Traumatic Brain Injury: Ophthalmic Complications


Several points relevant to neurology were discussed during a special session on TBI by the Association for Research in Vision and Ophthalmology.

For the second consecutive year, the Association for Research in Vision and Ophthalmology hosted a special session on traumatic brain injury (TBI) during its Annual Meeting in Seattle, WA, on April 30, 2016. While ophthalmic complications of TBI was the primary focus of the session, several points relevant to the neurology community were discussed during the session.

The session opened with the state of the science address by Ann McKee, MD, professor of neurology and pathology at Boston University. In her presentation, McKee focused on chronic traumatic encephalopathy (CTE), a syndrome that she sees often in athletes who experience concussions. A postmortem diagnosis, CTE is characterized by perivascular hyperphosphorylated tau (p-tau) deposits around small blood vessels of the brain. These pathognomonic lesions were found in deceased athletes of all ages, starting in the third decade of life. Clinically, individuals with CTE display memory impairment, impulsivity, violent behavior, executive dysfunction, and changes in vision. Since p-tau deposits have been found in both the eye and brain, eye examination may offer a way to diagnose CTE in patients with this clinical presentation.

A reliable diagnostic method is very much needed, repeatedly stressed Lee Goldstein, MD, PhD, also of Boston University, during his presentation. “The diagnostic is absolutely essential for getting a therapeutic; they are hand and glove,” urged Goldstein as he shared his work on temporal dynamics of TBI. Using a mouse model of TBI, Goldstein and colleagues described the evolution of changes in the nervous system after trauma, in particular, activation of microglia; they found a striking difference in the state of retinal microglia before and after trauma. Thus, the retinal neuroinflammation may evolve as a diagnostic measure of the pathological changes in the brain following TBI as the states of the two are closely related.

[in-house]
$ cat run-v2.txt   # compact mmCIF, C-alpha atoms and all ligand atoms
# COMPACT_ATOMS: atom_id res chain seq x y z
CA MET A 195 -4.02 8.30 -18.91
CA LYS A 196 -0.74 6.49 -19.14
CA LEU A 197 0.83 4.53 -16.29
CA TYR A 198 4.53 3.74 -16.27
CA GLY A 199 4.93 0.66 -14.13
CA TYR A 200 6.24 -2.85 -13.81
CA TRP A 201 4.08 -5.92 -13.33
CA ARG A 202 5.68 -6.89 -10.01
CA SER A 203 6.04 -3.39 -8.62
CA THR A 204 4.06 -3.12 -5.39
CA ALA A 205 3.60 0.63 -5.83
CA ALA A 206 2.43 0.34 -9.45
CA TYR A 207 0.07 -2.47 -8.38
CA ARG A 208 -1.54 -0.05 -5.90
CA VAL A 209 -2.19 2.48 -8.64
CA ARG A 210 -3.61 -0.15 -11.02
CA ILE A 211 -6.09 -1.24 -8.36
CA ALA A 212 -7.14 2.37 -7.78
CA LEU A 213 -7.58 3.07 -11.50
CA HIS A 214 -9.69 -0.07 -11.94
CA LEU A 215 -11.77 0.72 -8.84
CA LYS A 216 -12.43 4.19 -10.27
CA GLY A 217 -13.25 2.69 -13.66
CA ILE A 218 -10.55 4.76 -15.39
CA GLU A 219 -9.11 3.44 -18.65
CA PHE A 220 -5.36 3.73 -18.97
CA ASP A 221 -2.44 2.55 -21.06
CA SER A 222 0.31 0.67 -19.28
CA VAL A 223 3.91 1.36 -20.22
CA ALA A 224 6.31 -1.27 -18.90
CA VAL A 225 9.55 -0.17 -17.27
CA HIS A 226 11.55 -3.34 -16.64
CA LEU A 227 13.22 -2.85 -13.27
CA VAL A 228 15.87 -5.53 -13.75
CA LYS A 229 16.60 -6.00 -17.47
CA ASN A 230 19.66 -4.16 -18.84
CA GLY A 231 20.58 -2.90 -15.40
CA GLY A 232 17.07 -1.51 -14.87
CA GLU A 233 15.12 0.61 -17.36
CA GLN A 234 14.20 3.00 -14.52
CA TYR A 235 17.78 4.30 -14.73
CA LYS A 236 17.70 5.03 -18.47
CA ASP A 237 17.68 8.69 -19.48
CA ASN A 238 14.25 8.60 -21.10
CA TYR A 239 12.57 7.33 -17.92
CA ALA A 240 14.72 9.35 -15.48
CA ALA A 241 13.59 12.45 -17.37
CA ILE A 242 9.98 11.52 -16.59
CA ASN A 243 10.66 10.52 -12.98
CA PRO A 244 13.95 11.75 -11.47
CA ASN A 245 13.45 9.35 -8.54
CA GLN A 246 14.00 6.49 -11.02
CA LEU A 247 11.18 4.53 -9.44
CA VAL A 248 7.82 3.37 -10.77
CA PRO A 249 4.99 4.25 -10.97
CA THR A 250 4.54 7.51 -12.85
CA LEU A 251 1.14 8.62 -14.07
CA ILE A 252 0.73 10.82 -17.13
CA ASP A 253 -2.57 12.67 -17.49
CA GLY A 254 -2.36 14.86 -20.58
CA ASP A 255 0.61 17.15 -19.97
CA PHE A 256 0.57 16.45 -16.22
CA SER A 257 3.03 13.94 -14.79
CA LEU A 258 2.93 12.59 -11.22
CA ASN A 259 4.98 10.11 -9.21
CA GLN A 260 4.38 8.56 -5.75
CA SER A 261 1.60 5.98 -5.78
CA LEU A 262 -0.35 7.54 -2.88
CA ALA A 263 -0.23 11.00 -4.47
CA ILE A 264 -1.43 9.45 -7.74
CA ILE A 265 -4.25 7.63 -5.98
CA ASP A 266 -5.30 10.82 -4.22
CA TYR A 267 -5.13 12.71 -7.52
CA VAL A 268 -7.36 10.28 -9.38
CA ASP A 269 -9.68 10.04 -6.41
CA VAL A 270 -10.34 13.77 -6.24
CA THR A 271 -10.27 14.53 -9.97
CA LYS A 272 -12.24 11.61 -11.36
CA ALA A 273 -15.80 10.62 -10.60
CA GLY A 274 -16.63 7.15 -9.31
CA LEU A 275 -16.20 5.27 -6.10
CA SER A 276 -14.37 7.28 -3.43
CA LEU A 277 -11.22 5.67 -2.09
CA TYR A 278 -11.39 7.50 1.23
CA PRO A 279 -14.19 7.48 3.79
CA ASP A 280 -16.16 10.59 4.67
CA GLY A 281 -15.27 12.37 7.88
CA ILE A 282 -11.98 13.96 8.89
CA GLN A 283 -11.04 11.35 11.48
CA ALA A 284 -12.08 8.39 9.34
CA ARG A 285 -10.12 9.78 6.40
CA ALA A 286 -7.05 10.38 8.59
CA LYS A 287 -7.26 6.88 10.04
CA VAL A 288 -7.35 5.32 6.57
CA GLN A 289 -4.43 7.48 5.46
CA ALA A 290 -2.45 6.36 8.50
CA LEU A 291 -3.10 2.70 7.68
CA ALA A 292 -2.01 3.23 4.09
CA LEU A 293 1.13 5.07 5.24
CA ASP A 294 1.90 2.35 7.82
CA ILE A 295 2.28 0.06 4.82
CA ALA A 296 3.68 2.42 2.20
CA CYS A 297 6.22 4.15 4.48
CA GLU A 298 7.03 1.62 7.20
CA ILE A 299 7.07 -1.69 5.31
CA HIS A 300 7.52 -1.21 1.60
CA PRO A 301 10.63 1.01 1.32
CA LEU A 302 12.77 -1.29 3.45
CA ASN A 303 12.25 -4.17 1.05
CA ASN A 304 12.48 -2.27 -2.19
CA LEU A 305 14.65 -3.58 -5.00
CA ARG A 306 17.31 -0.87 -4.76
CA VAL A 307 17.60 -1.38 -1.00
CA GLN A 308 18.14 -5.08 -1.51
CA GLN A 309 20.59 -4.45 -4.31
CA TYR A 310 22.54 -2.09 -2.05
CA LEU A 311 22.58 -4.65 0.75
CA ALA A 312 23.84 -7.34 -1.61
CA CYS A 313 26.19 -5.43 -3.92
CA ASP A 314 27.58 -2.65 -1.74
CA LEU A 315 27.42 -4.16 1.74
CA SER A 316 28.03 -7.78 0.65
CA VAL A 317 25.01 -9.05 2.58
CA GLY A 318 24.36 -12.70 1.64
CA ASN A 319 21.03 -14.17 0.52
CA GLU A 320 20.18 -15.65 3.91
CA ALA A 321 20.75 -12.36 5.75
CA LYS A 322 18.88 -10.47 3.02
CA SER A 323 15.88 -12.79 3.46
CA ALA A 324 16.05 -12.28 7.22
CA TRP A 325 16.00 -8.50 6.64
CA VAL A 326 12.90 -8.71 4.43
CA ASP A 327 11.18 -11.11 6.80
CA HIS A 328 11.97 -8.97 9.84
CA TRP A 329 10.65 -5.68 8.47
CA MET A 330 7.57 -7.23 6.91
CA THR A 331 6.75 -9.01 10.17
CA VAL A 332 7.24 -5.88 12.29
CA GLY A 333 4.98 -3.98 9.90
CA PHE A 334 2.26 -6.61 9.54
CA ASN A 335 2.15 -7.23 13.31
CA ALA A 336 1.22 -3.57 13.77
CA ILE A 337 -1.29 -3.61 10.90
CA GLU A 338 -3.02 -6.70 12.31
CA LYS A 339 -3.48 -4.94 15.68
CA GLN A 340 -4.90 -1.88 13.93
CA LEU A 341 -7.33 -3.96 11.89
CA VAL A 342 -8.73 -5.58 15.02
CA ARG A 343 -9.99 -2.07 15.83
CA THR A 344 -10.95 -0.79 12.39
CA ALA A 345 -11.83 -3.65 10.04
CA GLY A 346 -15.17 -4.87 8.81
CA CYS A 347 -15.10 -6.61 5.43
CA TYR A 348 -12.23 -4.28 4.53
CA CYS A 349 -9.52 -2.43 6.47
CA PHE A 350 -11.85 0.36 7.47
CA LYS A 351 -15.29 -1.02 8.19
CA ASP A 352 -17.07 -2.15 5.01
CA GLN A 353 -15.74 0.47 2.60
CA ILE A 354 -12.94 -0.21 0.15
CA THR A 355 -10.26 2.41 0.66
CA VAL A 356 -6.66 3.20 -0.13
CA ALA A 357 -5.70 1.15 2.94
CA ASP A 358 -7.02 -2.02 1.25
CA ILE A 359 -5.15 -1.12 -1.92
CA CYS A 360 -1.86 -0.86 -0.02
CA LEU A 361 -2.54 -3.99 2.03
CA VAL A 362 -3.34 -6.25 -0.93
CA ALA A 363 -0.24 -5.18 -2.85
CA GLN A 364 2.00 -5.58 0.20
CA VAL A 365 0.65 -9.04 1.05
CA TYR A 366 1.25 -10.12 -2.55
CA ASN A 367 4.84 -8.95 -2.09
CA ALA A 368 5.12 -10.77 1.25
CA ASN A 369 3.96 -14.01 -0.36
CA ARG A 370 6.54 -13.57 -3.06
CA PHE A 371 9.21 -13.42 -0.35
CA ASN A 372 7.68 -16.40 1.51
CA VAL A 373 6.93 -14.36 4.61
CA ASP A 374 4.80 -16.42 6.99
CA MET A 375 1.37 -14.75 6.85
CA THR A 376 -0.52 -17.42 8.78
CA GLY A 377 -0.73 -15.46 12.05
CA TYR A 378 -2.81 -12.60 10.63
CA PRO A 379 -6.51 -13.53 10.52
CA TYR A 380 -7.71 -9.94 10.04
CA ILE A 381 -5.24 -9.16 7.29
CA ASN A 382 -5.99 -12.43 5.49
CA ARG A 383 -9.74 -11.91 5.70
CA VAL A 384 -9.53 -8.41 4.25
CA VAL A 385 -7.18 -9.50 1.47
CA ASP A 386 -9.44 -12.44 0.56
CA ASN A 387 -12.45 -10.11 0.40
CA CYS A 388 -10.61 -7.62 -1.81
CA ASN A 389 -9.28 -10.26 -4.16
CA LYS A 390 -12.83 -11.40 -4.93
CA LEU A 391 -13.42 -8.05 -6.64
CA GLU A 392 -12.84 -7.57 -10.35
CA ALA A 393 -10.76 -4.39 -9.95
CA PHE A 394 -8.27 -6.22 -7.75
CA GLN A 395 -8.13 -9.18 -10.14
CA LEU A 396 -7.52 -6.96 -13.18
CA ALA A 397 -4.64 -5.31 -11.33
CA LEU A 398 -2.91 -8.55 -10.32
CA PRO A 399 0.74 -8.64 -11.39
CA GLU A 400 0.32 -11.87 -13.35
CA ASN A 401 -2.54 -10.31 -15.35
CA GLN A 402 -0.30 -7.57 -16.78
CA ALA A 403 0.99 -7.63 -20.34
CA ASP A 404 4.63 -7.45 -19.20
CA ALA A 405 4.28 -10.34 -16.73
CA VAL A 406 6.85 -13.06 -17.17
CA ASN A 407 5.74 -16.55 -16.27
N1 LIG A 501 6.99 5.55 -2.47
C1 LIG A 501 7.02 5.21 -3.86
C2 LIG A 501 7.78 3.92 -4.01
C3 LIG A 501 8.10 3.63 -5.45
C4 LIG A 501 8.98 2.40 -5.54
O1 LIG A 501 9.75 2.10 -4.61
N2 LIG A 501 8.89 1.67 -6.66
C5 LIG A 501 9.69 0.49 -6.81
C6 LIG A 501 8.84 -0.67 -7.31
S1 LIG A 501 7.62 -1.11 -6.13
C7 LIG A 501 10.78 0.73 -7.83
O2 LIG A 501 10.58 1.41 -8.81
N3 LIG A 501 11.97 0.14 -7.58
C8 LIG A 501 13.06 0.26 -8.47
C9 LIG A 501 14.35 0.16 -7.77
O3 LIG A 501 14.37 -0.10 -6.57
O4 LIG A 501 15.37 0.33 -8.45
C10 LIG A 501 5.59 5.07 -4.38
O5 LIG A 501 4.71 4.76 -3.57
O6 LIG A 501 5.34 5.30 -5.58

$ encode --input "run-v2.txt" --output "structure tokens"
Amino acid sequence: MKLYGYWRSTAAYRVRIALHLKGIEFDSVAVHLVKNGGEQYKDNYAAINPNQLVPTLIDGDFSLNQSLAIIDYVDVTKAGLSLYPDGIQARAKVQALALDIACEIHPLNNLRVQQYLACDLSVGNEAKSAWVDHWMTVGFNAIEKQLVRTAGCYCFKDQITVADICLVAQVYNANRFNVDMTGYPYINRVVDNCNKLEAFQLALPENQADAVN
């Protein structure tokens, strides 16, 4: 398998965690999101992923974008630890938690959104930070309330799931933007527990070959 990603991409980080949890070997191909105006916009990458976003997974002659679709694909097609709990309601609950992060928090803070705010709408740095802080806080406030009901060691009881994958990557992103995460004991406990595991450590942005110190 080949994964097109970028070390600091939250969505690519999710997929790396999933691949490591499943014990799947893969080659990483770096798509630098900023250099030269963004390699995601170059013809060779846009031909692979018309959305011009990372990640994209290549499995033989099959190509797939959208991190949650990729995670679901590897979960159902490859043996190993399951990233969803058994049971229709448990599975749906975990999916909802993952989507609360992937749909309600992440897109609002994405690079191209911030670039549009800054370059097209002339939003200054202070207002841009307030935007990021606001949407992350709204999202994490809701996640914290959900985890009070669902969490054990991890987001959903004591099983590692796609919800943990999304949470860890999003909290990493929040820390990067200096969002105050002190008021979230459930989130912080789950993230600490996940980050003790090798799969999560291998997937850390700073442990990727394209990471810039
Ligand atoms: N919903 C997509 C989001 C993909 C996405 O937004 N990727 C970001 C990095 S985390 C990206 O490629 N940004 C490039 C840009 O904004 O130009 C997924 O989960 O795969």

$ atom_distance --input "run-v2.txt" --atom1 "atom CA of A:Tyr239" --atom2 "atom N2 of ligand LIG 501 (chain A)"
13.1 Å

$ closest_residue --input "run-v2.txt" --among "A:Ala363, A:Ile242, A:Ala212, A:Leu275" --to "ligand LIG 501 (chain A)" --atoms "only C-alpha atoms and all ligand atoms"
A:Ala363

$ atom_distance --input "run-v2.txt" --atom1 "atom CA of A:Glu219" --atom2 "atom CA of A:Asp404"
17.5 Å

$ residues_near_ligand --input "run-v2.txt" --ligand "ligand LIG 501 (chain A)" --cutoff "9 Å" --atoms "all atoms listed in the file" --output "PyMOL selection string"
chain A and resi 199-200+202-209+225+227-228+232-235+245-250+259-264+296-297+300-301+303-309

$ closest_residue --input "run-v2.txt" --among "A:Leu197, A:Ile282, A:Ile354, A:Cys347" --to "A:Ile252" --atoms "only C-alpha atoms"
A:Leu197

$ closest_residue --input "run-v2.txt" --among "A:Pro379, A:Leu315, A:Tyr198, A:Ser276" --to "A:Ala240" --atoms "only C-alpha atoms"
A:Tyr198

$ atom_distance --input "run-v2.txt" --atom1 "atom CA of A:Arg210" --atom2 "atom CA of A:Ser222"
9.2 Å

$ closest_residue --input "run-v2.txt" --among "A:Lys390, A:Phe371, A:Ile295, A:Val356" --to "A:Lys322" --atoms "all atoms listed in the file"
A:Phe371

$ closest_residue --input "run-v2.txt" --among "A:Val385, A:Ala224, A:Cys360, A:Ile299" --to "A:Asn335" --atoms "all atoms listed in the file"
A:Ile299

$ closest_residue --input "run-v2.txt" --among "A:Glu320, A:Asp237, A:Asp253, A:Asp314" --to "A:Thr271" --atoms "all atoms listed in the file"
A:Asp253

While measurement of microglia activation may not be clinically feasible just yet, retinal thickness can be easily measured in the clinical setting using optical coherence tomography. Randy Kardon, MD, PhD, director of neuro-ophthalmology at the University of Iowa, discussed the use of this method to measure thickness of the retinal layers in patients and healthy individuals. He reported a significant reduction in thickness of retinal layers in veterans with a history of mild TBI and Division I college football players, compared to patients with controlled glaucoma and healthy individuals. Kardon proposed the change in retinal thickness over a period of years to decades as a plausible noninvasive measure of trauma-related neuropathology.

If anyone in the audience remained skeptical of the importance of this work, the story told by Master Sergeant Eric Marts convinced them without medical terminology or highly significant research data. Marts sustained multiple concussions during his lengthy deployment, which ultimately cost him vision. Unaware of the possibility of this outcome and despite experiencing early changes in vision, he continued to serve and sustain injuries. Marts called on the audience to “take under their wing” those who protect our country by raising awareness and improving diagnostic and management of trauma among the military personnel. His speech received a standing ovation.

U.S. Congressman Jim McDermott, who opened the session, called TBI a huge unrecognized problem and expressed hope that the session stirs interest from legislators, the research community, and the public. A brilliant lineup that evoked both scientific curiosity and urge to protect those most at risk, the session was definitely a success by this and any measure.


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